(Reposted from this site on February 2015).
There are always many opinions on this topic and I believe that each family has their own individual thoughts for what works best for them and their teenager, but when I read a recent post on one of my favorite sites, Grown and Flown, I had to share it with my readers.
Here are 8 reasons you may want to consider not connecting with your teen on Facebook:
It’s not that I don’t want my kids to be my Facebook friends. I would love it if they wanted to share their most embarrassing moments with me and only wish they granted me access to the details of their high school and college lives. Clearly I would love nothing better than to peer into their Snapchats or stalk their GroupMes.
But the parenting part of me that would love a window into their social media battles everyday with the other parenting part of me: the one that is proud that my kids are grown and have lives of their own. These two warring halves of motherhood, the half that wants to know and the half that feels I shouldn’t, are locked in a fierce battle and I have declared my childrens’ privacy the victor. There are times I am envious of moms who have access to their kids online lives but, for me, here are eight compelling reasons to avoid the temptation.
- It is their world.
Social media is akin to the notes we once passed in class and the secrets we whispered into the wall-mounted phone. It is both the gossip mill of the playground and the private missives between friends and I need to let my kids find their way. They deserve the same privacy we had even if the platform for that has changed.
2. I would be even more embarrassing to them if we were Facebook friends.
For many years my kids were embarrassed that I even existed. The last thing they needed was that embarrassment in real life and cyberspace.
- It might be time to move on.
Although I want to stalk my sons, dropping into their lives the view the photos of their every move, I question my motives. The journey to the empty nest has not been an easy one for me and I don’t feel the relief that some other parents do that my kids have left home. Despite that, I know that in some ways, for them and me, it is time to move on. By not being able to follow them on social media, I am probably doing all of us a favor.
- It’s time to get off the “roller coaster.”
Do I really want to ride the rollercoaster of the ups and downs of teen and young adult life at the granular level? In her wonderful piece about how to parent teens and young adults, Lisa Belkin advises parents to get off the roller coaster. We should not need be their seatmates as they ride every up and down of their lives. We can be the supportive, constructive adults without living through their every emotional moment. Staying on the ground is much easier to do if you are not with them on Facebook.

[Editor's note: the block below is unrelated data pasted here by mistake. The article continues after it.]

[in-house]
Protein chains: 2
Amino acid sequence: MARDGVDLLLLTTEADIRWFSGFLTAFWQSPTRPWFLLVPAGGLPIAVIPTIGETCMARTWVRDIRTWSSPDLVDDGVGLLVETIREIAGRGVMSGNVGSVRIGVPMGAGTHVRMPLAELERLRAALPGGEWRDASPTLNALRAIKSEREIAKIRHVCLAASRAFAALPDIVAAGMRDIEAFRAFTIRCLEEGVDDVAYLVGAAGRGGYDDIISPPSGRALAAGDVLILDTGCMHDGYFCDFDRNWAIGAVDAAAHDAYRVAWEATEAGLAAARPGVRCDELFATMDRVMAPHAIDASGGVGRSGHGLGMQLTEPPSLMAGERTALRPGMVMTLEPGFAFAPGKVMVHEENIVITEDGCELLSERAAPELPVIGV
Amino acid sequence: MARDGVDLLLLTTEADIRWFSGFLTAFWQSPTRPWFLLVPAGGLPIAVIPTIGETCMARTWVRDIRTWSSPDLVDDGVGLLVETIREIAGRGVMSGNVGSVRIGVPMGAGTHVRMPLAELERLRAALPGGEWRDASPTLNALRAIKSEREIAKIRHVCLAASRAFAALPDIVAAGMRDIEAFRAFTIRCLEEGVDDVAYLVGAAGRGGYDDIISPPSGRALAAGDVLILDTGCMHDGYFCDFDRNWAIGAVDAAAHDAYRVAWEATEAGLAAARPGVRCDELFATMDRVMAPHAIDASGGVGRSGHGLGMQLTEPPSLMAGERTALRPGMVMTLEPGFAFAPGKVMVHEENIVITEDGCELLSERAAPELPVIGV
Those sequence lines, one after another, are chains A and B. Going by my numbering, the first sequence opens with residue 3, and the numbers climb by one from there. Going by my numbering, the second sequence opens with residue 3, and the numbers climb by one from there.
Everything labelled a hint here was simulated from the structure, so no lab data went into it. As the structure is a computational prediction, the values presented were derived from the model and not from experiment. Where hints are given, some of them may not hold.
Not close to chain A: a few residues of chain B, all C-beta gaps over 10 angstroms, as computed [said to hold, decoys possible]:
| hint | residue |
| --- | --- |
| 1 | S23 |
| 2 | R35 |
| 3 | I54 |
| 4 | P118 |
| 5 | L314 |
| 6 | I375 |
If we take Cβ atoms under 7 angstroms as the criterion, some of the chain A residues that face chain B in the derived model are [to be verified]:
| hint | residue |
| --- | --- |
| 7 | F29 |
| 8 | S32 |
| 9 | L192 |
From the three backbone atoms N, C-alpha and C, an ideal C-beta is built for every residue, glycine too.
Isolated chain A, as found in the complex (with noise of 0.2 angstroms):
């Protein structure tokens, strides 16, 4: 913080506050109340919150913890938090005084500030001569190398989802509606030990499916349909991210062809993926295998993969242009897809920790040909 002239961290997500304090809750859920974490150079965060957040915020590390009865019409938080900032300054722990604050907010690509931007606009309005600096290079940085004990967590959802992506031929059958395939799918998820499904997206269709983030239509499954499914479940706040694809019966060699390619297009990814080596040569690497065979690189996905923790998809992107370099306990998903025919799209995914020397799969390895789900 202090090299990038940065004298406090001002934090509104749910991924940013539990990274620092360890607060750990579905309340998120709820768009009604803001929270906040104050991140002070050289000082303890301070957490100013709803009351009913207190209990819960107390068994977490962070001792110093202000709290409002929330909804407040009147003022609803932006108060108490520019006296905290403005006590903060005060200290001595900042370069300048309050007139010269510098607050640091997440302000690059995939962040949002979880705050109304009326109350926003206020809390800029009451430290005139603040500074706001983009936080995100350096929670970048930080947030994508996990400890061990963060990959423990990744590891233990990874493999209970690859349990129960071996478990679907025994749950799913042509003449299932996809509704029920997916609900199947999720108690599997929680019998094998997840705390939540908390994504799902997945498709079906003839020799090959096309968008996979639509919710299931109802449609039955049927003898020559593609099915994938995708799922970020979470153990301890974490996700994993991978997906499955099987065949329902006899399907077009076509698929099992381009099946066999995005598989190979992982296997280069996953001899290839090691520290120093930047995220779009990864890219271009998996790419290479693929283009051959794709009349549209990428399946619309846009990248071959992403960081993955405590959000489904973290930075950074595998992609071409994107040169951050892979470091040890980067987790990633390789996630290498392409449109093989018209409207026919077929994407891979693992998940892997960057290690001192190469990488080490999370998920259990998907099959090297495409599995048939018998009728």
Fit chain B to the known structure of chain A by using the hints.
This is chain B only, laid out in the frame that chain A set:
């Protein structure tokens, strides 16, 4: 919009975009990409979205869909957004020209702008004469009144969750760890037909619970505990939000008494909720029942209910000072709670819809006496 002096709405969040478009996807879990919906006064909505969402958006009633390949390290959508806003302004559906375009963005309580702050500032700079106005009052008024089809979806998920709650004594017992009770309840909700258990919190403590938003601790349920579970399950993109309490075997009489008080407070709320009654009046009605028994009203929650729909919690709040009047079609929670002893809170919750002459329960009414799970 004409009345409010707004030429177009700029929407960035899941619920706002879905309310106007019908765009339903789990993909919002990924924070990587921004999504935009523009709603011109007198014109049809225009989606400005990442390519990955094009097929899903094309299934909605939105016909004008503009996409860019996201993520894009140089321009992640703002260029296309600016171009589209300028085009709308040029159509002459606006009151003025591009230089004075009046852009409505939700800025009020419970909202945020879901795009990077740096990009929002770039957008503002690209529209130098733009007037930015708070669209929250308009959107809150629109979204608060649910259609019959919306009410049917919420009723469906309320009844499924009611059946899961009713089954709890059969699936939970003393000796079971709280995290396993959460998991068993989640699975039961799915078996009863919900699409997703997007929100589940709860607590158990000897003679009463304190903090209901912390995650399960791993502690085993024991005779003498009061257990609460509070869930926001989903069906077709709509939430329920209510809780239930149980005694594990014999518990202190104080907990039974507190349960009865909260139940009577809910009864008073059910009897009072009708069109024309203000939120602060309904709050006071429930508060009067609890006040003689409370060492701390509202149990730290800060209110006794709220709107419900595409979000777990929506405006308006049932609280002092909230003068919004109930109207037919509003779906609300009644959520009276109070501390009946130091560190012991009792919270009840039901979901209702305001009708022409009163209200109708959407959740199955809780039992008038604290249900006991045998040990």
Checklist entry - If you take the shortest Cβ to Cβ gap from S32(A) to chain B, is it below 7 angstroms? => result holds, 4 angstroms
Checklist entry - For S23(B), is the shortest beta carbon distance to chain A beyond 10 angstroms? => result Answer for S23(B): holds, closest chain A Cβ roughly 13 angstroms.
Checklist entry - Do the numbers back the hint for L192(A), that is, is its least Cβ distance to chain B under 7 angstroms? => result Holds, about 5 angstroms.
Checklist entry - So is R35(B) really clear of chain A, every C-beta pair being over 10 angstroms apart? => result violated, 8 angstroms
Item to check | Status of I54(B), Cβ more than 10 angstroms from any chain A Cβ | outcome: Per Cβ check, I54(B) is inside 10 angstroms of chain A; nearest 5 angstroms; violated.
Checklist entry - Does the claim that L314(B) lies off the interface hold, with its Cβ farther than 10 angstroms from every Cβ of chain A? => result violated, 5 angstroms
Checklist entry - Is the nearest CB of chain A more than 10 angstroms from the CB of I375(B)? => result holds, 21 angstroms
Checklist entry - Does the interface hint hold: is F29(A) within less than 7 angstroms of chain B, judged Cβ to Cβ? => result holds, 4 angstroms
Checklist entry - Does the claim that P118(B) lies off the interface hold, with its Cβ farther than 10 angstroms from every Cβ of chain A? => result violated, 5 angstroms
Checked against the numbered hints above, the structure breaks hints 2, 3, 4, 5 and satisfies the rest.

- They need to navigate on their own.
At first I thought social media and teens were a toxic and frightening combination. But I have come to believe that if billions of people can handle this challenge, so can my kids. Reflecting my own naiveté, I thought there were bad guys online who would seek out my kids through their Facebook accounts. Soon I saw that, just as kids of my generation were allowed to wander free, with our parents giving us rules and advice about dangers and strangers, my kids would need to learn to wander online without me.
- They can run and hide.
Stalking my kids on Facebook was never going to turn up their misdeeds or anything, in fact, that they did not want me to know. Teens trying to hide something from their parents have plenty of digital techniques and places to do so. If I insist that they friend me on Facebook, they can move to Instagram, and if I hunt them down there they can scurry to Snapchat. They will always find a social media platform, (Ello, anyone?) that I have not yet discovered.
- Online there is no context.
Have you ever seen a teenage drama online and worried frantically only to discover it was over in an hour? I once called the mother of one of my then middle school son’s friends to tell her I had seen a message the daughter had left for my son (on my computer) which said, “I am going to have to kill myself.” I was wreck all night and could not sleep. First thing in the morning I called the girl’s mother, reasoning that I would not be able to live with myself otherwise. The mother of this girl laughed and said that the phrase was every other word out of her daughter’s mouth. I wondered if I really wanted to know what they say online when I have no context for it in real life.
- Staying off their social media does not mean disconnecting technologically.
My kids and I are in an endless conversation via text and my window onto their world is widened with a stream of amusing, poignant and pedestrian photos they share with me. When something makes them smile, reminds them of home or they are just looking for my opinion, I get pictures. Sure the content is curated just for mom, but I am wondering if that isn’t just as it should be.
Mary Dell Harrington and Lisa Endlich Heffernan are the voices behind Grown and Flown: Parenting from the Empty Nest. They have 93 years of parenting experience with five kids between their two families. Mary Dell has a MBA from Harvard Business School and worked at NBC, Discovery, and Lifetime. Lisa has an MBA from the MIT Sloan School of Management and worked as a Wall Street trader before becoming an author of three books including NYT Business Bestseller, Goldman Sachs: The Culture of Success. You can follow them on @grownandflown or join in the conversation on Facebook.